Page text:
Bodybuilders often speak about it.
But is the mind muscle connection real?
Today you’ll find out.
Those who don’t train with weights tend not to really “get it” when it comes to the mind muscle connection – how can you thinking about your arms make your arms grow faster?
But anyone who watched Pumping Iron or followed classic bodybuilding back in the day will be familiar with this term.
Arnold and co had it nailed down to a fine art.
“The mind muscle connection is the ability to zero in on the muscle you are targeting, as you work it, causing greater results.” – Arnold Schwarzenegger
But how truthful is that?
Can you really stimulate more muscle fibers just by concentrating on a muscle when you train it?
Despite it’s popularity in bodybuilding circles, many people believe it to be nothing more than a gym myth, merely hocus pocus cooked up by some bodybuilders who’d taken one too many pills.
Well, it’s time to delve into some startling facts which emerged in 2012.
Is The Mind Muscle Connection Real?
A team of researchers from the University of South Carolina Upstate completed a study to discover whether the rumored effects of the so-called “mind muscle connection” were even possible.
They took their subjects through one of two situations:
- 3 sets of bench press using 50% of their one rep max.
- 3 sets of bench press using 80% of their one rep max.
During both situations, the subjects were given the following conditions:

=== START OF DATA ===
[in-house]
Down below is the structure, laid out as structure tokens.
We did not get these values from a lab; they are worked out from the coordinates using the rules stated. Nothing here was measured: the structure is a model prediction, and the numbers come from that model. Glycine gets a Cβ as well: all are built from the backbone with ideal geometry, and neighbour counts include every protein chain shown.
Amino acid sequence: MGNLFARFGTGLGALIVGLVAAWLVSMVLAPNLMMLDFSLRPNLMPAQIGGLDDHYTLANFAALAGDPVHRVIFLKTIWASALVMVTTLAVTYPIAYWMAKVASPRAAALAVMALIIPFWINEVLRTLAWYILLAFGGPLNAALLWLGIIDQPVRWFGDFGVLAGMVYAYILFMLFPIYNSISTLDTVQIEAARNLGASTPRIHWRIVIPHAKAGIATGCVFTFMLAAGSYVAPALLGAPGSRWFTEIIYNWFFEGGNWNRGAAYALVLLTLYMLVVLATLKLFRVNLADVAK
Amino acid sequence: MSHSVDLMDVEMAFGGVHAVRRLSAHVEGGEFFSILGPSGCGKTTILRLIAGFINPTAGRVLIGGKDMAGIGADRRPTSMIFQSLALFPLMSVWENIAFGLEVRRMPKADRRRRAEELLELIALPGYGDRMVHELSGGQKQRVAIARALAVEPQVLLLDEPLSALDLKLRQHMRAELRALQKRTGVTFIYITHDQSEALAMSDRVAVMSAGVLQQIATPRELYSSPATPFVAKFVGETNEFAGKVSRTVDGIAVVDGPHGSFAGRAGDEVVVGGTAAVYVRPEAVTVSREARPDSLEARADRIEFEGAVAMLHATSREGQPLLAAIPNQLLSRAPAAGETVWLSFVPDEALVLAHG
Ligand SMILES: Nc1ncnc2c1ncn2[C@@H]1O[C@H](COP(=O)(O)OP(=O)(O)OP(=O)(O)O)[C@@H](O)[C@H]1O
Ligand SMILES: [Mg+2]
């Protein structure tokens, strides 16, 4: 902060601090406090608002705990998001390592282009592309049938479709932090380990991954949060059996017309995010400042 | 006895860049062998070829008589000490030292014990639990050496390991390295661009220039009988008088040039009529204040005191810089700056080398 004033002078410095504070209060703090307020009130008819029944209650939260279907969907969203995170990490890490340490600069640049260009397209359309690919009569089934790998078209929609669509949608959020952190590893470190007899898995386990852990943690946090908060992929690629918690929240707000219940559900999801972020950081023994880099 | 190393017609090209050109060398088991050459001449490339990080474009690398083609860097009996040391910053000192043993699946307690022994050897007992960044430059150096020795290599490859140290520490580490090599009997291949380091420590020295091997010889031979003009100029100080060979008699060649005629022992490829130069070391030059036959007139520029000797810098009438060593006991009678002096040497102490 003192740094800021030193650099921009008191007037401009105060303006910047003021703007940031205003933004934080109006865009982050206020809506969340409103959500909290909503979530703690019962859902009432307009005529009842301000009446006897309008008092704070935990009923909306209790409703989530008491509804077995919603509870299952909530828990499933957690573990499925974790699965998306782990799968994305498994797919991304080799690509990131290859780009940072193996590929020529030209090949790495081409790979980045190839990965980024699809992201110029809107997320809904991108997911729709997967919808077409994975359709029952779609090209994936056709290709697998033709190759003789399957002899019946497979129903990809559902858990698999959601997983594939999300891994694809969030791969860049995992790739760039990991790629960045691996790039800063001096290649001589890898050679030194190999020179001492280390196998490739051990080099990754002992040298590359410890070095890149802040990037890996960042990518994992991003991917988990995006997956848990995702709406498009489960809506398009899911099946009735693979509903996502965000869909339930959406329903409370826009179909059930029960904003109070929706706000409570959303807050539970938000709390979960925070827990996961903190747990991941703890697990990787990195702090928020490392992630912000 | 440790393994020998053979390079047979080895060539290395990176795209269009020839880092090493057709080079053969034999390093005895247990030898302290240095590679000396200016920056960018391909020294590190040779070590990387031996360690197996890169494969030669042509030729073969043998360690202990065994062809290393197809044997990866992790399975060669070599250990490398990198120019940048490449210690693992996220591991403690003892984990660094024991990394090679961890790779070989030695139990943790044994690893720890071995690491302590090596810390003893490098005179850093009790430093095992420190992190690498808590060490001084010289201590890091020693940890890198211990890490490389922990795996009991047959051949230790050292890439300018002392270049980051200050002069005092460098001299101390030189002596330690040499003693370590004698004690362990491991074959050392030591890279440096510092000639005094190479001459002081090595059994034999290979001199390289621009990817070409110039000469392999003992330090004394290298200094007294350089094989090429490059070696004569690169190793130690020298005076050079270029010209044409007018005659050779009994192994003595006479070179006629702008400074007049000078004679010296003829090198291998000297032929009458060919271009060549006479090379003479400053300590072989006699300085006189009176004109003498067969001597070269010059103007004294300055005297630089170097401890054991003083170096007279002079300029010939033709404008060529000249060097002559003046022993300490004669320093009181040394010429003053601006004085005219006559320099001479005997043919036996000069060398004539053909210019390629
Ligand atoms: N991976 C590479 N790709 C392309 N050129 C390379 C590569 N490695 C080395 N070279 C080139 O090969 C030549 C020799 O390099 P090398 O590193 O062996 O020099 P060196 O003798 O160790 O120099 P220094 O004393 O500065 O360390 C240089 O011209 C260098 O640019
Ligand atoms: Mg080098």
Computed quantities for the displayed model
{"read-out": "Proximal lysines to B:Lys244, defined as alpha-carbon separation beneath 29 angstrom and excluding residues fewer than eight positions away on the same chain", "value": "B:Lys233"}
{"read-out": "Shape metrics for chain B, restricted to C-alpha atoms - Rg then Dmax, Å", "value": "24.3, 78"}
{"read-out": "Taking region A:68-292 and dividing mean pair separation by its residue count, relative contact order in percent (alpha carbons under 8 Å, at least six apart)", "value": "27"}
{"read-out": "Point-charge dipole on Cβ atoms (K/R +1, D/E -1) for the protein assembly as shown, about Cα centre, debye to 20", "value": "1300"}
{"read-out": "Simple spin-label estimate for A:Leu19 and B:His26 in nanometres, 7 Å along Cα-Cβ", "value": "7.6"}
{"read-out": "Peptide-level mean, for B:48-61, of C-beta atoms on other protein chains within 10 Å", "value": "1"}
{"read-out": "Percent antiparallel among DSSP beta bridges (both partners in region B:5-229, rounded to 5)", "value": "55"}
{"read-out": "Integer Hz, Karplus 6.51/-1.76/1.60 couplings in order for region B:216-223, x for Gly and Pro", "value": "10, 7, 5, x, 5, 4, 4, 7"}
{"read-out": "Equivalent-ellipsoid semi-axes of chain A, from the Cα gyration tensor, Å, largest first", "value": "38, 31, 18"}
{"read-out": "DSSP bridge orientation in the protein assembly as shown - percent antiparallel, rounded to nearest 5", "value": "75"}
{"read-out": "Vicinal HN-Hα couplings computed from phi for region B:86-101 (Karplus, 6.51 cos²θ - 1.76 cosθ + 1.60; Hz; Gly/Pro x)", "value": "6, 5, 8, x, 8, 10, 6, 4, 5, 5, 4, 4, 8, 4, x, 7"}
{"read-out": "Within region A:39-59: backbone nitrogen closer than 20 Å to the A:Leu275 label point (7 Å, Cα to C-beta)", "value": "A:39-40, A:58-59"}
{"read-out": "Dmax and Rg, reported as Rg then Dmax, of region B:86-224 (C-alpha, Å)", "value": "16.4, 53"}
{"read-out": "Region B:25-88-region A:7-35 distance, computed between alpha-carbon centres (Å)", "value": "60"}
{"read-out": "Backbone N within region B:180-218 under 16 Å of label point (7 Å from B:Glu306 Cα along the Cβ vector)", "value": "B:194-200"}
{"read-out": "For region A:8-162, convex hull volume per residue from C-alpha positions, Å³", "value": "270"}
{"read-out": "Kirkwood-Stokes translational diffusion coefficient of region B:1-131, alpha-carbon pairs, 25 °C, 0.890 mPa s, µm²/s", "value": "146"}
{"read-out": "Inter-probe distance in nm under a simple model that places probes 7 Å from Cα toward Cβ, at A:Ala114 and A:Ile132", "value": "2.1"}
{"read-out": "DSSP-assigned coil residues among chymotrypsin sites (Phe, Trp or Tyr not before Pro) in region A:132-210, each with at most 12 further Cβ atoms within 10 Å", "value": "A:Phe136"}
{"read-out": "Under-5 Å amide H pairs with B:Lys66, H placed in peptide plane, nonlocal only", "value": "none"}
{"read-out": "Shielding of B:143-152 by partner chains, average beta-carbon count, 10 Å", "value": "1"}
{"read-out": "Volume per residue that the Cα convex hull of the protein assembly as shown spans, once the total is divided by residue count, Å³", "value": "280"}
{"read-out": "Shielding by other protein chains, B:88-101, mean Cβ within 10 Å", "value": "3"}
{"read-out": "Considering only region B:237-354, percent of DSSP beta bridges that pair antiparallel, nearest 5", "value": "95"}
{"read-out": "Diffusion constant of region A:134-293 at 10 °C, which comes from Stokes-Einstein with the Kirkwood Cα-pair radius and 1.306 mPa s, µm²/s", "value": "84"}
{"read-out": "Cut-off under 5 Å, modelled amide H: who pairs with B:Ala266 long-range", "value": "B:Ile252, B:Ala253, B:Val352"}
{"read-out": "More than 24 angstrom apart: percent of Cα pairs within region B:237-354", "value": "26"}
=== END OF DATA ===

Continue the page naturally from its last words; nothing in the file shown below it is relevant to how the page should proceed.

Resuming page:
- 1st set – no instructions.
- 2nd set – focus on using your chest.
- 3rd set – focus on using your triceps.
What they found will confirm the theories every bodybuilder has “known” for years. (1)
Mind Over Matter
What initially seemed like hocus pocus turned out to be solid truth.
When given no instructions, the subjects performed a regular set on the bench press and this was used as the baseline for muscle activity.
Then the “magic” happened.
When they were told to focus on lifting the weight with just their chest muscles, muscular activity in the pecs soared by 22%.
When they were told to focus on using their triceps, muscle activity in the triceps climbed even higher, this time by 26%.
Applying This Knowledge To Your Training
The mind muscle connection is a valuable asset.
However, it is worth noting that the crazy increases in muscular activity shown above both occurred when subjects were using 50% of their one rep max – a weight they could lift for around 15-20 reps.
When they tried the same thing using 80% of their one rep max – think 7-8 reps – results dropped significantly.
It is expected that this sudden drop-off happened simply because of the amount of weight which was being used.
By going heavier and completely overloading the pecs, more muscle fibers from surrounding areas were forced to get involved.
So, during a bench press we’d be talking chest, lats, triceps, and shoulders.
All of that makes it much harder to zero in on just one muscle while you force out the rep.
So you should definitely learn to “Focus!” on the muscle – because The Rock – it’s best to keep it for your higher rep work.
During those low rep sets, just concentrate on getting that heavy bar back up from the depths.
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1. Snyder, B. J. and Fry, W. R. “Effect of verbal instruction on muscle activity during the bench press exercise.” J Strength Cond Res. 2012 Sep;26(9):2394-400.